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Robert E. Benoit Distinguished Lecture Series

Robert E. Benoit Distinguished Lectureship

female students look at water samples next to the duck pond
A male Passerini’s tanager, Ramphocelus passerinii, eats the fruit of Piper sancti-felicis. Photo by Bernadette Wynter Rigley.

Established by alumni of Lambda Chi Alpha & Sigma Omega Tau Fraternities
in memory of Dr. Robert E. Benoit

Biological Sciences lectureship

recent Lecture

Inaugural lecture with

Dr. Steven Wilhelm

Kenneth and Blaire Mossman Professor of Microbiology
University of Tennessee


Wednesday, April 12, 2023


Viruses and Cyanobacteria in Fresh Waters: A Molecular Biologist’s Tales.

Healthy fresh waters rely on the millions of microbes found in every drop. Understanding events that lead us to consider these waters “unhealthy”, like toxic cyanobacterial blooms, requires a focus on not just the organisms causing the problem, but also on all the other microbes in the system.  Over the past 20 years an array of biomolecular tools – including DNA and RNA sequencing, metabolomics, and the data science that supports these – have been developed in concert with lab and field studies in the Laurentian Great Lakes as well as bodies of water around the world. These tools have been deployed with a focus on why we are seeing more algal blooms, why these blooms are more toxic and how the interplay between bacteria and viruses works to constrain the spatial and temporal extent of these failing ecosystems. From the perspective of understanding how we might best deal with harmful freshwater blooms in the future, the presentation will new insight into the interactions between ecology and physiology of viruses and bacteria and the implications of a changing climate.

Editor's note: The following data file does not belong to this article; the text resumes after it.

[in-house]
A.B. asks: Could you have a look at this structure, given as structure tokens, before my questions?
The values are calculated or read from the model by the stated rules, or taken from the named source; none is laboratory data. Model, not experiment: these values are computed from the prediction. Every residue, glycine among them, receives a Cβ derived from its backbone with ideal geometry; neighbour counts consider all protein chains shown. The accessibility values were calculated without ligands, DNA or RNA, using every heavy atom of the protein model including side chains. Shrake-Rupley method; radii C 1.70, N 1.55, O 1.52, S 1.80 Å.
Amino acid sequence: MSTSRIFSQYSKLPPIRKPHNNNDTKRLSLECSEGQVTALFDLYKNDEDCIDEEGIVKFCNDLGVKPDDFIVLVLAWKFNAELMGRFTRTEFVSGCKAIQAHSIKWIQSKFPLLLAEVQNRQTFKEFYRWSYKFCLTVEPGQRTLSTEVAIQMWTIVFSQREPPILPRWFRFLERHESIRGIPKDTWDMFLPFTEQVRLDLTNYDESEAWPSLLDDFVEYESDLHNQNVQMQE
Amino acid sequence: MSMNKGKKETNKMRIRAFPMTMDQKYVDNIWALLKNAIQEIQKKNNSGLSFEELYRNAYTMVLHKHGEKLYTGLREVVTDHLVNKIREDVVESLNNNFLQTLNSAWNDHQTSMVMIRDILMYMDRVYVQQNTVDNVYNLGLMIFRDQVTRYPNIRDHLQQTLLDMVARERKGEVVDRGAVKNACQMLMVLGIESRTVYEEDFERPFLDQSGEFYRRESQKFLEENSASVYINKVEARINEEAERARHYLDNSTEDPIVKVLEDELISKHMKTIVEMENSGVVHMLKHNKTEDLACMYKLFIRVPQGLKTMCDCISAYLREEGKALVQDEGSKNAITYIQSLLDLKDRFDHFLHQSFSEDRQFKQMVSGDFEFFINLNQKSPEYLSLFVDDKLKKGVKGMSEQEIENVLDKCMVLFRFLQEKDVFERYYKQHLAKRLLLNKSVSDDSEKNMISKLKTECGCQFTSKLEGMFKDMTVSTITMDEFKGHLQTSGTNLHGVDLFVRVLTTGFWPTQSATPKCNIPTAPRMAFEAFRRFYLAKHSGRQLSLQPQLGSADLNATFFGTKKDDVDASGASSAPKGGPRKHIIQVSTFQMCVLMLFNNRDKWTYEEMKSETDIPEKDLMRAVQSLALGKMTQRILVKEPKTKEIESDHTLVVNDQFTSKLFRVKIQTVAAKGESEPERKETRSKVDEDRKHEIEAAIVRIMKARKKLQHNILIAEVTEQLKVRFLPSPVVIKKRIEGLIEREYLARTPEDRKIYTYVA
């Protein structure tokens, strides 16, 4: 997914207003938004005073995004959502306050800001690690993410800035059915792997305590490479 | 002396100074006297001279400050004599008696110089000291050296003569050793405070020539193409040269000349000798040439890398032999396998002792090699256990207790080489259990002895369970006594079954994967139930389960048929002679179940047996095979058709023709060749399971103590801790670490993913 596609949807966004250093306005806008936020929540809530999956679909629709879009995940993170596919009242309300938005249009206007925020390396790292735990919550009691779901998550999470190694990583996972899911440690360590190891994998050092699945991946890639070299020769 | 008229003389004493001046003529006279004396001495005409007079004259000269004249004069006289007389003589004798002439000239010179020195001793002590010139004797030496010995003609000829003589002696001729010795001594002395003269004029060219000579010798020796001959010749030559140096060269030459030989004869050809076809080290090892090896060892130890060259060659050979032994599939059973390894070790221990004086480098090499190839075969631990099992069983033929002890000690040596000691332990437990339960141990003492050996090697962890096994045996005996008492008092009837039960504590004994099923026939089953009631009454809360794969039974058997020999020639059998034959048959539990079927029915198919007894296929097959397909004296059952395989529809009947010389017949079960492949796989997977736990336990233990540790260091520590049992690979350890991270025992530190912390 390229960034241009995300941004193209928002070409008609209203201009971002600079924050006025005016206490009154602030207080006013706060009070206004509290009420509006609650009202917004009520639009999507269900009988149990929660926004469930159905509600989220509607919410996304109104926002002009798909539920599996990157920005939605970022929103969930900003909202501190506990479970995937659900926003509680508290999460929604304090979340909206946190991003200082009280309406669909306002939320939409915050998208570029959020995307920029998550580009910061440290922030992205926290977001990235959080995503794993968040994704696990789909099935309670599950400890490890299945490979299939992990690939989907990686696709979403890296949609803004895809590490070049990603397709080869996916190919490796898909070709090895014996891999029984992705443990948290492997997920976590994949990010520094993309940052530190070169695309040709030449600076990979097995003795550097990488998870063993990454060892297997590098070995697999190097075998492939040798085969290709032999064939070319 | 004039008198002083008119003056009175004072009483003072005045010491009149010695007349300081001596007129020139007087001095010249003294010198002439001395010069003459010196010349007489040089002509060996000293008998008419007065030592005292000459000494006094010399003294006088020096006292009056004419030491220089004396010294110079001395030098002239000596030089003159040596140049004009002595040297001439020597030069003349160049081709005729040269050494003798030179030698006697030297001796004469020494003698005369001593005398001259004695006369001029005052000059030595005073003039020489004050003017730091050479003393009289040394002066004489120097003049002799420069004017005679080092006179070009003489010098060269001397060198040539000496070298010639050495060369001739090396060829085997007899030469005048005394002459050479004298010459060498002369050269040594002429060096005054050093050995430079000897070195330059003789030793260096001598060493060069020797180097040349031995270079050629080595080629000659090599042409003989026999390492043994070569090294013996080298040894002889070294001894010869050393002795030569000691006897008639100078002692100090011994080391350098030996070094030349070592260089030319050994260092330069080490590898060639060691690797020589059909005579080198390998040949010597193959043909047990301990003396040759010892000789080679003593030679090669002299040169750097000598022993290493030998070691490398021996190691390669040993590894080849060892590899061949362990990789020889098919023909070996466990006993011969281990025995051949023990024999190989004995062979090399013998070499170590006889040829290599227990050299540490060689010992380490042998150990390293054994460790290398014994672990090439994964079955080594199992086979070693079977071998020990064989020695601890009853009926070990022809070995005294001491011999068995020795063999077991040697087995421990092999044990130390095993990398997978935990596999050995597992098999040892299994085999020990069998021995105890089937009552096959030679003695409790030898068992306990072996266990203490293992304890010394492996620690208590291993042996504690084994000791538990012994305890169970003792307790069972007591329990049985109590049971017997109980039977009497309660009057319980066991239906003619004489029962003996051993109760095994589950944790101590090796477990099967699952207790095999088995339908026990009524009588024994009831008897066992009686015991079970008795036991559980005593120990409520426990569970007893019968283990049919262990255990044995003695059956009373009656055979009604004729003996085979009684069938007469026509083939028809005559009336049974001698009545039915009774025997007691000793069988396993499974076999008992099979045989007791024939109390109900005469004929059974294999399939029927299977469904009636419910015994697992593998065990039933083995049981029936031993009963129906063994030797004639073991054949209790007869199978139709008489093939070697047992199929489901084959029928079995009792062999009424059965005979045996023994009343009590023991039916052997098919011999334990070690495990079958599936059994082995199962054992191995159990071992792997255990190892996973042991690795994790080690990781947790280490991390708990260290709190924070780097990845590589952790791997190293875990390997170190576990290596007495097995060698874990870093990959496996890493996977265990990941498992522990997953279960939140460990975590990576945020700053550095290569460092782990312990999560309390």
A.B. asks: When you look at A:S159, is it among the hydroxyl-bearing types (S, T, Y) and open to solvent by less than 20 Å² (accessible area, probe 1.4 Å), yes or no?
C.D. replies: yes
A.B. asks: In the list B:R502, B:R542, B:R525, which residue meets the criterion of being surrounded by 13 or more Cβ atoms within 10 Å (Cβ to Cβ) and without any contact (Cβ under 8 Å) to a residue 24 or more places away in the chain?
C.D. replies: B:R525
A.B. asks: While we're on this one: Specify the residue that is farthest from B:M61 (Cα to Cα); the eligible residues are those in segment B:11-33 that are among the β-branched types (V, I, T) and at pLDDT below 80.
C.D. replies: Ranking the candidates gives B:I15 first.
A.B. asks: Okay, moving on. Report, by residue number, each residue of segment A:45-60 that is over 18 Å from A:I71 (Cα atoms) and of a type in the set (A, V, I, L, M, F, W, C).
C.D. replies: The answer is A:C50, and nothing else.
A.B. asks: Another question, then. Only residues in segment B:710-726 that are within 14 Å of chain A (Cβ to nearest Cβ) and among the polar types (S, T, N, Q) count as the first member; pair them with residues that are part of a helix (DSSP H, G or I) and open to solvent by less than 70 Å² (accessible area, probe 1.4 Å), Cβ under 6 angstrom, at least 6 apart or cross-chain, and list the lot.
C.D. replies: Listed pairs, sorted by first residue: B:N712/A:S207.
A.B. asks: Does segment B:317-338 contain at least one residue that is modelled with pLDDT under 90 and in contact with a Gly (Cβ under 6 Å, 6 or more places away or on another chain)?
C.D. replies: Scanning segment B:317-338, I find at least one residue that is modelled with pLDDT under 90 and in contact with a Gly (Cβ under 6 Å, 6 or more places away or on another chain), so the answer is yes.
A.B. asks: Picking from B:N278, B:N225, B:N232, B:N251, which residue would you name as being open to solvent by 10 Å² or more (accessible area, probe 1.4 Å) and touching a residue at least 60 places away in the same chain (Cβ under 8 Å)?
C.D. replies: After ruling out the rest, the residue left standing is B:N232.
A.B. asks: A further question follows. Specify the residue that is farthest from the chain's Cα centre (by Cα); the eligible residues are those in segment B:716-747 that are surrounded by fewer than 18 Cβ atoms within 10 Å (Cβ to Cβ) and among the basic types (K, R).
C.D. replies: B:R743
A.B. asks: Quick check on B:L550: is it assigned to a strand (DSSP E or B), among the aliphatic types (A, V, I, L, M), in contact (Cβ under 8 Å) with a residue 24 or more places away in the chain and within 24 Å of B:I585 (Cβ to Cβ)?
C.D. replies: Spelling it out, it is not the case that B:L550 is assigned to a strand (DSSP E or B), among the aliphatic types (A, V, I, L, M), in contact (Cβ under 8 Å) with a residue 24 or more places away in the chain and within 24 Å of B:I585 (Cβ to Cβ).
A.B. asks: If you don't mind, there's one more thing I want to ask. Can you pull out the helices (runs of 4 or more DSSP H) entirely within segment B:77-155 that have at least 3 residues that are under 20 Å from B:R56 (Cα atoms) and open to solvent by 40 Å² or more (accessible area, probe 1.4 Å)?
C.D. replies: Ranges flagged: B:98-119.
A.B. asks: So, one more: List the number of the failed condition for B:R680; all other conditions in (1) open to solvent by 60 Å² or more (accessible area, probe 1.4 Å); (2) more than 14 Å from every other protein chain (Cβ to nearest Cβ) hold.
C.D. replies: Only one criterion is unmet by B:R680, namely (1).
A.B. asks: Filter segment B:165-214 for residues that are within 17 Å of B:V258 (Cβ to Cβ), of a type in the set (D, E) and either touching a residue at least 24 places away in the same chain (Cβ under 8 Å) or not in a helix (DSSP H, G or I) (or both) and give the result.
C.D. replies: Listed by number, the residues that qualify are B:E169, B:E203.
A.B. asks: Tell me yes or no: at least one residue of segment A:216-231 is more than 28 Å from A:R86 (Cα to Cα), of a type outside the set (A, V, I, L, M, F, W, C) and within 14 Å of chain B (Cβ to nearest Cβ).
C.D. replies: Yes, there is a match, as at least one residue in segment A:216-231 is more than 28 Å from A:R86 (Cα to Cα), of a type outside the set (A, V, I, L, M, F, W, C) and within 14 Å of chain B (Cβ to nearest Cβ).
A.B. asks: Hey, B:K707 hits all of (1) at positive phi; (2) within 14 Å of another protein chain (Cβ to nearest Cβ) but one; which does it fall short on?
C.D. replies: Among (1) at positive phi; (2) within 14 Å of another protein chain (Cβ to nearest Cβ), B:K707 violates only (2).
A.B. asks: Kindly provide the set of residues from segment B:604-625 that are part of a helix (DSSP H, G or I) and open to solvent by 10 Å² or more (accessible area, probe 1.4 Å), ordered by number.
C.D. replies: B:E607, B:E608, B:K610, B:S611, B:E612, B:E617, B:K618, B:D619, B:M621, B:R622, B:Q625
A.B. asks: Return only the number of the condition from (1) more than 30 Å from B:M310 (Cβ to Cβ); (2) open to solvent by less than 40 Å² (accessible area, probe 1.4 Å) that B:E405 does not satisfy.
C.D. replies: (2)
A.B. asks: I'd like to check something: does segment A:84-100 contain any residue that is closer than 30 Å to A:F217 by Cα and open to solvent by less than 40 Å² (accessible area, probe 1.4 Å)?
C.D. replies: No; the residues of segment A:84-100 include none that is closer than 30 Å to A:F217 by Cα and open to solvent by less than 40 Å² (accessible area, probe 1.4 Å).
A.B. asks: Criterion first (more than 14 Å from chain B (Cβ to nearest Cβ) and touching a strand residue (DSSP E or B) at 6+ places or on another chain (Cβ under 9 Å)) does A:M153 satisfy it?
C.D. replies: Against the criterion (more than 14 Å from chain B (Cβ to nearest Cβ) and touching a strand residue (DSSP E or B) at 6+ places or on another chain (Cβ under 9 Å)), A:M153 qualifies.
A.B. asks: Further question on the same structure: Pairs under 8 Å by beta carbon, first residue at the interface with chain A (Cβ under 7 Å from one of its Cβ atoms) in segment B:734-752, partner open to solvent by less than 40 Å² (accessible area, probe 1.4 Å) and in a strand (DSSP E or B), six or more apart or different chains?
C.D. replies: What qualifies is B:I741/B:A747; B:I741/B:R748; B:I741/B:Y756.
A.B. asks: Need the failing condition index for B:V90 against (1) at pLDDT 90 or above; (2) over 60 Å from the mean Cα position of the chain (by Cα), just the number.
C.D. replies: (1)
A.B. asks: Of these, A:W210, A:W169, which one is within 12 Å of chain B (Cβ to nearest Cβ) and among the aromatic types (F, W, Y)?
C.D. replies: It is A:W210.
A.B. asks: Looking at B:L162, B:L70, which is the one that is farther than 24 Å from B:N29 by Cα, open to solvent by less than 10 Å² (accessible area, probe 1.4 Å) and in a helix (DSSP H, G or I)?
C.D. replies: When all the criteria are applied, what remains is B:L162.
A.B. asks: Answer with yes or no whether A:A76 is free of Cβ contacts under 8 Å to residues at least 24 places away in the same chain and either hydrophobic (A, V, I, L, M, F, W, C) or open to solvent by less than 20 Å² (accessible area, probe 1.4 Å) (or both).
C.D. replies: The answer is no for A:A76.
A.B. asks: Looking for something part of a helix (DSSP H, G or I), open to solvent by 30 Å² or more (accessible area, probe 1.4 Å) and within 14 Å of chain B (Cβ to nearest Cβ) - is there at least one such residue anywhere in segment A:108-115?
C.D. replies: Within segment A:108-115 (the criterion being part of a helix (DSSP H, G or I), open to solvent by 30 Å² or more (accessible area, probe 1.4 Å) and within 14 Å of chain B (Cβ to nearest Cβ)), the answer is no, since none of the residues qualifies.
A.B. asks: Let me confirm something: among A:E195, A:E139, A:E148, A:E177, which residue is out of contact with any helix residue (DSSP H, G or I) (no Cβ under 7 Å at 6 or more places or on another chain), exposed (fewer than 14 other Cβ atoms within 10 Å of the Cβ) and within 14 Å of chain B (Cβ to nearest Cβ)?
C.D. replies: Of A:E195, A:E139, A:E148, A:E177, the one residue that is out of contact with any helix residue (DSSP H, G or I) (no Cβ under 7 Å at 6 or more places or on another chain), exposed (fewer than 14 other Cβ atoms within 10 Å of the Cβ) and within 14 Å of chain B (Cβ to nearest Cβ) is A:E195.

Steven Wilhelm is the Kenneth and Blaire Mossman Professor of the Department of Microbiology at the University of Tennessee. His research group studies synergies between microbial communities and biogeochemical cycles in lakes and oceans. Lab members use biomolecular tools - DNA and RNA sequencing, metabolomics, and PCR-based quantitative analyses - to study viruses, bacteria, cyanobacteria and algae.  Along with an active research team he is also the principal investigator of a NSF-funded Research Experiences for Undergraduates site at UTK that is entering its twelfth consecutive year.

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About the series

The Robert E. Benoit Distinguished Lectureship in Biological Sciences was established by members of the Lambda Chi Alpha Alumni Chapter at Virginia Tech, which includes alumni from both Sigma Omega Tau and Lambda Chi Alpha Fraternities, in memory of their former advisor, Dr. Robert E. Benoit, associate professor emeritus of biological sciences at Virginia Tech.

All talks are free and open to the public.  Registration is encouraged but not required.  Attendees are invited to stay for a reception after the talk.    

For more information:

Contact Jenny Orzolek, Senior Director of Major Gifts for Advancement | 540-231-5643